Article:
UK – Edwards Lifesciences LLC v Boston Scientific

Posted: March 7th, 2017

Edwards Lifesciences LLC v Boston Scientific Scimed Inc, UK, High Court, Hacon HHJ sitting as a Deputy High Court Judge, 3 March 2017

These proceedings concerned an application brought by Edwards Lifesciences LLC (“Edwards”) seeking revocation of two European Patents (UK) – EP (UK) 2 749 254 and EP (UK) 2 926 766 – owned by Boston Scientific Scimed Inc (“Boston Scientific”). The patents both concerned transcatheter heart valves.

Transcatheter heart valves are replacement heart valves which are introduced into a blood vessel using a needle puncture via the skin rather than through open heart surgery. The claimed valves were characterized by the presence of a fabric seal at the distal end of the valve which was “bunched up” in a deployed position or where a seal was established by providing “at least one sac disposed about the exterior of the valve”.

Edwards alleged that the patents lacked novelty and/or inventive step over four items of prior art.

In relation to novelty, the judge, noted that it could be the case that an item of prior art might anticipate a claimed invention even if it did not disclose all of the features of an invention, if a person skilled in the art would inevitably infer that the missing integers would be present. However, reviewing the prior art, the judge concluded that none of the identified prior art disclosed all of the features of the claimed invention and in no case was it inevitable that the presence of the missing features would be inferred by a person skilled in the art.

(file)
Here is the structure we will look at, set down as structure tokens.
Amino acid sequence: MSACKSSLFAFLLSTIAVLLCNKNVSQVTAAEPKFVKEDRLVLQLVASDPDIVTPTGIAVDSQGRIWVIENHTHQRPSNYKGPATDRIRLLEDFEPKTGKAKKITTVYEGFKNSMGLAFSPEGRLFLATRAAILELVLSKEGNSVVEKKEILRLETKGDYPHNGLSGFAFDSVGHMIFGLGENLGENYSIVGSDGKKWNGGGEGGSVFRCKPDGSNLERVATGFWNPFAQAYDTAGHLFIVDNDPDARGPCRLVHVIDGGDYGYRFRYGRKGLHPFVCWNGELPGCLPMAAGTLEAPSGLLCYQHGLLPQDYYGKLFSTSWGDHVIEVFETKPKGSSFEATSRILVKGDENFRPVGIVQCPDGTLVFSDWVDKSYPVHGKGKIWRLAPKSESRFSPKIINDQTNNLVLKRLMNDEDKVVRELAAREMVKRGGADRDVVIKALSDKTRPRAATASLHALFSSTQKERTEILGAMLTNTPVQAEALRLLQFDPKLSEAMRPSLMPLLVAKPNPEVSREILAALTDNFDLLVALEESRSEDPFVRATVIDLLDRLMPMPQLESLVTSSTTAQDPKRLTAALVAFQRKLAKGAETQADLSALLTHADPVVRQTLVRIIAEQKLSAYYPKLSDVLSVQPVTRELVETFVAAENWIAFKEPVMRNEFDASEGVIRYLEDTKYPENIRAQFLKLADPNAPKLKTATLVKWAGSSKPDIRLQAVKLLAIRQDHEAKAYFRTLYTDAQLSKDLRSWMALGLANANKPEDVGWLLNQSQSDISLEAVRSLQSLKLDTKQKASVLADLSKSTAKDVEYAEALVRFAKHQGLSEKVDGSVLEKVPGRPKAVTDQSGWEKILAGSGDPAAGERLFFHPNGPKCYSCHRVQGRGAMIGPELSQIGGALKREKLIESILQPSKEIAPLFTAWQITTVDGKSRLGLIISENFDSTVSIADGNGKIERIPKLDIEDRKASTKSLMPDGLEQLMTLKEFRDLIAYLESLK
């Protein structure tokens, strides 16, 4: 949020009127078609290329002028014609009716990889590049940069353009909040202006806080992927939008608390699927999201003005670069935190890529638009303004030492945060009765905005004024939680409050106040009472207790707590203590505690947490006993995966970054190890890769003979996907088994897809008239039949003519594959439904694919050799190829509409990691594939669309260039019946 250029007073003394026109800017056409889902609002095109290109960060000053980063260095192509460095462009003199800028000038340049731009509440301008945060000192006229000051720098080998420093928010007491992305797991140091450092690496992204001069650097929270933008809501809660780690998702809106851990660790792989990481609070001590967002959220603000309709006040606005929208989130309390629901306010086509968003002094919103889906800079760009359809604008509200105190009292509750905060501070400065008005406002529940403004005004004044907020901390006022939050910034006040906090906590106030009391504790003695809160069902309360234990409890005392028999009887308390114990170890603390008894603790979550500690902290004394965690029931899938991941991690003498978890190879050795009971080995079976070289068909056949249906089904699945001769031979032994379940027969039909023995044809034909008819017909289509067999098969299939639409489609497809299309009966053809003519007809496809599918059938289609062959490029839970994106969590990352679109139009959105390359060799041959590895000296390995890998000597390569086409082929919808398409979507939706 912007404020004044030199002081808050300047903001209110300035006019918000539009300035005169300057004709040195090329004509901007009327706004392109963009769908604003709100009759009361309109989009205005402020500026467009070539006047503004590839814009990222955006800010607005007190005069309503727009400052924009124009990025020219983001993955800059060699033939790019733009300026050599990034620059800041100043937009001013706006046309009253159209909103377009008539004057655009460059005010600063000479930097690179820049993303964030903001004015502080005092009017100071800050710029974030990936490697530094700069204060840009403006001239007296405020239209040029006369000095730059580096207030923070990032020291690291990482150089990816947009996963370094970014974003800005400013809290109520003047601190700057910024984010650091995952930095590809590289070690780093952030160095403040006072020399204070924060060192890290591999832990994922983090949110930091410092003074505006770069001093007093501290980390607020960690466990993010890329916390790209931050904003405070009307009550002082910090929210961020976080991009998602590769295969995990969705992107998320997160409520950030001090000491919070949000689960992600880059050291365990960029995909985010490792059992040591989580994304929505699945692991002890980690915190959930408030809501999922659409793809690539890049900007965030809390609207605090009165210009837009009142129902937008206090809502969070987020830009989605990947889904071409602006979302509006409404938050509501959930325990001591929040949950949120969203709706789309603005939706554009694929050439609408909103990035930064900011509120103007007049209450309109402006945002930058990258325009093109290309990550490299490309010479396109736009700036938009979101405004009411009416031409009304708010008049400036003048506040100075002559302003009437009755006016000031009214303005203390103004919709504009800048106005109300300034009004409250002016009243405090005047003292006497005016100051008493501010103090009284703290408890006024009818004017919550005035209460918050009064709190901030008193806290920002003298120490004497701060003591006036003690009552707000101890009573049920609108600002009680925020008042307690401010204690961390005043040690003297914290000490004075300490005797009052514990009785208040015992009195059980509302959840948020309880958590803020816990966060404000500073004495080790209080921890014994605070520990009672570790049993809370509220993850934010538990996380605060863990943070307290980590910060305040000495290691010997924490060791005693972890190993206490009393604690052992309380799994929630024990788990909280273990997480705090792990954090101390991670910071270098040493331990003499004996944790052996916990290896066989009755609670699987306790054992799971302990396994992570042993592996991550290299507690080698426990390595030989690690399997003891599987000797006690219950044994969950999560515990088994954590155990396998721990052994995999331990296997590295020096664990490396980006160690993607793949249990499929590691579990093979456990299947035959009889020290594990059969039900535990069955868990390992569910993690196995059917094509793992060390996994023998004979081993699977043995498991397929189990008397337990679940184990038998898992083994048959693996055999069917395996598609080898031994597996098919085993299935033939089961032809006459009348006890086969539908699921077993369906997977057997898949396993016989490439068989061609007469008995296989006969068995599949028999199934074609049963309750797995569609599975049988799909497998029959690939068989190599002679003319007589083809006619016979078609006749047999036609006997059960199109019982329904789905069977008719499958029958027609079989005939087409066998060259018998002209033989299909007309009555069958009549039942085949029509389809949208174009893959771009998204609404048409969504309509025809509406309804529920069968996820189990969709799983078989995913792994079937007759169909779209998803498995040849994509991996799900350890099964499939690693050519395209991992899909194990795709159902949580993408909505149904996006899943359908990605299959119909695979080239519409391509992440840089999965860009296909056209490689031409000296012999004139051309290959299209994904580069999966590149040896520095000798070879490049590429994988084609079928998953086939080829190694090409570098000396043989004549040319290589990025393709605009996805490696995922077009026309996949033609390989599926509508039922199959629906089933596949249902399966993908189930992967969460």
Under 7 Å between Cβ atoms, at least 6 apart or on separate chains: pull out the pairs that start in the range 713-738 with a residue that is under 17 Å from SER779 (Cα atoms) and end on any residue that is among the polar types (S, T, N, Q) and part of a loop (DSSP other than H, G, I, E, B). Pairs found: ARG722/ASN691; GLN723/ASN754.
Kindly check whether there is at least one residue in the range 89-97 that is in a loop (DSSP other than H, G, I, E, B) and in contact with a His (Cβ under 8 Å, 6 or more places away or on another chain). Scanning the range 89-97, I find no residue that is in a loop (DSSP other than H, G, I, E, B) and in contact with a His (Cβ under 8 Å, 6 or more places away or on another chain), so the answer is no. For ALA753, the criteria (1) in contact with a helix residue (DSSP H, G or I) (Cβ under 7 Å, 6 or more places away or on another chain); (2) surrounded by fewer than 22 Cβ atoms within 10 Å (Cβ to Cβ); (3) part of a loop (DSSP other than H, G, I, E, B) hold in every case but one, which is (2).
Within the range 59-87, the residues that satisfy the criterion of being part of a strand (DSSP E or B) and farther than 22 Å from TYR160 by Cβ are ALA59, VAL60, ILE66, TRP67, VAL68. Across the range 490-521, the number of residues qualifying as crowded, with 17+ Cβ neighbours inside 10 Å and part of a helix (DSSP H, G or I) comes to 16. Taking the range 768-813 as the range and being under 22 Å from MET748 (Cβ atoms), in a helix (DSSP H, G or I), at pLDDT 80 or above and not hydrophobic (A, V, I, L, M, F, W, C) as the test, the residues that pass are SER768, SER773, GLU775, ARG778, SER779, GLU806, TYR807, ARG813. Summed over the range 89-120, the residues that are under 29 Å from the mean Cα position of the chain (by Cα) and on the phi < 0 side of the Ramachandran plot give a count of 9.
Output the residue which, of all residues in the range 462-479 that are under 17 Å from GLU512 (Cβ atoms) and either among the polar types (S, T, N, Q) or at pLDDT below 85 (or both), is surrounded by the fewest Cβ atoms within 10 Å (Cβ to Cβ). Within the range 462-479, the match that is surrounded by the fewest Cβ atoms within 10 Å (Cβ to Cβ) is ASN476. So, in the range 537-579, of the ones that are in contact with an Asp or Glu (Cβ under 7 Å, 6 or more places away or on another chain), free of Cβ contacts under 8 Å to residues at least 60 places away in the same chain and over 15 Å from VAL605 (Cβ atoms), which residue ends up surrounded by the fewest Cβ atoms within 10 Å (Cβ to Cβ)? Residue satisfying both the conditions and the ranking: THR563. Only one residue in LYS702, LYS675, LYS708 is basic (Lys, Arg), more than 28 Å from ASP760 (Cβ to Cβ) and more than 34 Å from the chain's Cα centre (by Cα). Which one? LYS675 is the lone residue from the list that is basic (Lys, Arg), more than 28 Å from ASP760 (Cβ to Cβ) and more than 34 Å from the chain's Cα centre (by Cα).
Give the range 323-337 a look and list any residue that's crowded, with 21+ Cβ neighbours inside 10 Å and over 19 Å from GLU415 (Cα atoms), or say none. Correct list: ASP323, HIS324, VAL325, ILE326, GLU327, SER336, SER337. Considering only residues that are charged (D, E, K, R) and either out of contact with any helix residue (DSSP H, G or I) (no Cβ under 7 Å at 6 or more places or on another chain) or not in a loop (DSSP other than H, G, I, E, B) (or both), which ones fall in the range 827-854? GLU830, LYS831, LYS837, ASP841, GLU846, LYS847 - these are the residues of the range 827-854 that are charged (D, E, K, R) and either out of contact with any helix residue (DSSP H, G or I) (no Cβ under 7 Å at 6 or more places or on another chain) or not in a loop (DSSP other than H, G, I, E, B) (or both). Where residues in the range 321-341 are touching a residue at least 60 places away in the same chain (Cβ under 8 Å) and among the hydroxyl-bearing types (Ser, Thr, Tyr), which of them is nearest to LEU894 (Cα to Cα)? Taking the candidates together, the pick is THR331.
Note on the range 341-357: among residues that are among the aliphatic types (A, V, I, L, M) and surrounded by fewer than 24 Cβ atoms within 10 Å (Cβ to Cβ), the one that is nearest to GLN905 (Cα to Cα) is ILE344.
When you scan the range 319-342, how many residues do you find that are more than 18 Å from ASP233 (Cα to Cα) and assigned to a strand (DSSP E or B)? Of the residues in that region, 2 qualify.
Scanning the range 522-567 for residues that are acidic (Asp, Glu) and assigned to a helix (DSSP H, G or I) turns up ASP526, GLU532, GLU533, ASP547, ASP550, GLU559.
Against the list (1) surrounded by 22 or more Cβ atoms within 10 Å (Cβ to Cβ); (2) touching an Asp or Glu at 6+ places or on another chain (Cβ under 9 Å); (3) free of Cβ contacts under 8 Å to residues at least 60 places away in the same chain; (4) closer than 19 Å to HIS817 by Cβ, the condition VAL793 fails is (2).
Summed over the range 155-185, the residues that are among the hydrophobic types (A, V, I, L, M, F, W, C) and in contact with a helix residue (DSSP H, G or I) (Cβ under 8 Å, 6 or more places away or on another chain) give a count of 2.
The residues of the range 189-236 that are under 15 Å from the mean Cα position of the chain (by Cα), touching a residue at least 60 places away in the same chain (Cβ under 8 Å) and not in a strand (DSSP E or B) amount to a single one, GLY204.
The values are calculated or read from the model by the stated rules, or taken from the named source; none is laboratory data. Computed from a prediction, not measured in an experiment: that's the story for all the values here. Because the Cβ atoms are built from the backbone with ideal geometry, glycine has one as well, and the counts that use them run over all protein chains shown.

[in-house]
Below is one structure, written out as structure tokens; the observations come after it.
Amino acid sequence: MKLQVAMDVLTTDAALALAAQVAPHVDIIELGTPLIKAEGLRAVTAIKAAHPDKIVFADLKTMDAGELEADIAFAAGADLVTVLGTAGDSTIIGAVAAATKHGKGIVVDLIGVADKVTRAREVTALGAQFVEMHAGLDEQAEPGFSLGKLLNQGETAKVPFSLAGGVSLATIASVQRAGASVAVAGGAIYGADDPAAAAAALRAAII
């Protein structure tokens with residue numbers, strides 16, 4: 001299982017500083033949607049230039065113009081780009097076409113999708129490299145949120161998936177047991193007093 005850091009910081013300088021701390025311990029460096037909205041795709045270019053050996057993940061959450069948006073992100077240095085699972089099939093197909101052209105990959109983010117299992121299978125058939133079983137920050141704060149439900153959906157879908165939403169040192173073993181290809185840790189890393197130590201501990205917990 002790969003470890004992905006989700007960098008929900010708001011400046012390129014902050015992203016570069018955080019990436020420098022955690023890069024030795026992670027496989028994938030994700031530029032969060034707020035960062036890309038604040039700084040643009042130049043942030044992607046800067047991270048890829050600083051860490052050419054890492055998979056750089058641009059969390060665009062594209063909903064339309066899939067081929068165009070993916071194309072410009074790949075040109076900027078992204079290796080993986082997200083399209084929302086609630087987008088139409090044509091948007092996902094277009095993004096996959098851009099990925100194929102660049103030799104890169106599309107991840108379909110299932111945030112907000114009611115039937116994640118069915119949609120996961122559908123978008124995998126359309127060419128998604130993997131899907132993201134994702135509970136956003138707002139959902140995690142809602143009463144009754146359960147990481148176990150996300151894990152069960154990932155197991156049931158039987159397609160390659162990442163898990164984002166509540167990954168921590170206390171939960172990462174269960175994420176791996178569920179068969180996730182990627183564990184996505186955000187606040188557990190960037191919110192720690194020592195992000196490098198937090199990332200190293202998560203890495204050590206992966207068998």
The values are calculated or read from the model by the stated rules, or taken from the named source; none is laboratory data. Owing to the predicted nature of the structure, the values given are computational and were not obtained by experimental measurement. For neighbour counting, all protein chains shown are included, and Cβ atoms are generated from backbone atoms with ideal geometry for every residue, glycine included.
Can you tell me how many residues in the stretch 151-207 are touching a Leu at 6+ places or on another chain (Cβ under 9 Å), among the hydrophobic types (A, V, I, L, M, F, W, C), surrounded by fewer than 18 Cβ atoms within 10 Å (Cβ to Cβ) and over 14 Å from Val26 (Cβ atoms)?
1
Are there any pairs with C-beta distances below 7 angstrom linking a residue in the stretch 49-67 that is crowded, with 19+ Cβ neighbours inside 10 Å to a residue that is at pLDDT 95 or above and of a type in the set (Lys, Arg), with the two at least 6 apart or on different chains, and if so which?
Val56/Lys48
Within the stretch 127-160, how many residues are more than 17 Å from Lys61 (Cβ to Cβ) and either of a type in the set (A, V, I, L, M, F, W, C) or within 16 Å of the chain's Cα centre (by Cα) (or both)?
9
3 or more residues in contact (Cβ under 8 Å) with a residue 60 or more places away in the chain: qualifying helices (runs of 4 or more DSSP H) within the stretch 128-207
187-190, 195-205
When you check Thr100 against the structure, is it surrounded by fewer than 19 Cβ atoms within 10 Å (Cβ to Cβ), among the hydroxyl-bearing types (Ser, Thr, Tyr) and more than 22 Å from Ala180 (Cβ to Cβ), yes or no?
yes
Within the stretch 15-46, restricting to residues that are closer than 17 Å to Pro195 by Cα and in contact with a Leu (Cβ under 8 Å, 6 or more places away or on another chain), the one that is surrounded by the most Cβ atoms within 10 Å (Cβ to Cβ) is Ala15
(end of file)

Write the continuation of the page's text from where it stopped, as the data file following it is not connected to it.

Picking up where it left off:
On the question of inventive step, the judge concluded that most of the arguments put forward by the claimants were over reliant on hindsight and the imaginative skill of their experts and that no convincing reason had been identified for focussing on particular aspects of the prior art as suitable for modification. However, in relation to an attack based on an endograft used to treat abdominal aortic aneurysms (i.e. a different type of heart defect in a different part of the heart), the judge concluded that such an endograft would be of interest to a team working with trans-catheter heart valves and rendered the invention in EP(UK) 2 749 254 obvious. However as the prior art endograft lacked any disclosure of the concept of using a sac as a seal, EP (UK) 2 926 766 was inventive over this art.

The judge dismissed arguments that the disclosure of either patent was insufficient and/or the separation of the features of the claim from the context of the specific embodiments caused the content of the patents to extend beyond that in the application as originally filed.
Arguments on non-infringement turned on a specific interpretation of the definition of the term “sac” which the judge considered did not apply. The judge therefore concluded that EP (UK) 2 926 766 was both valid and infringed.

The judgment can be found here.

Headnote: Nicholas Fox, Simmons & Simmons LLP

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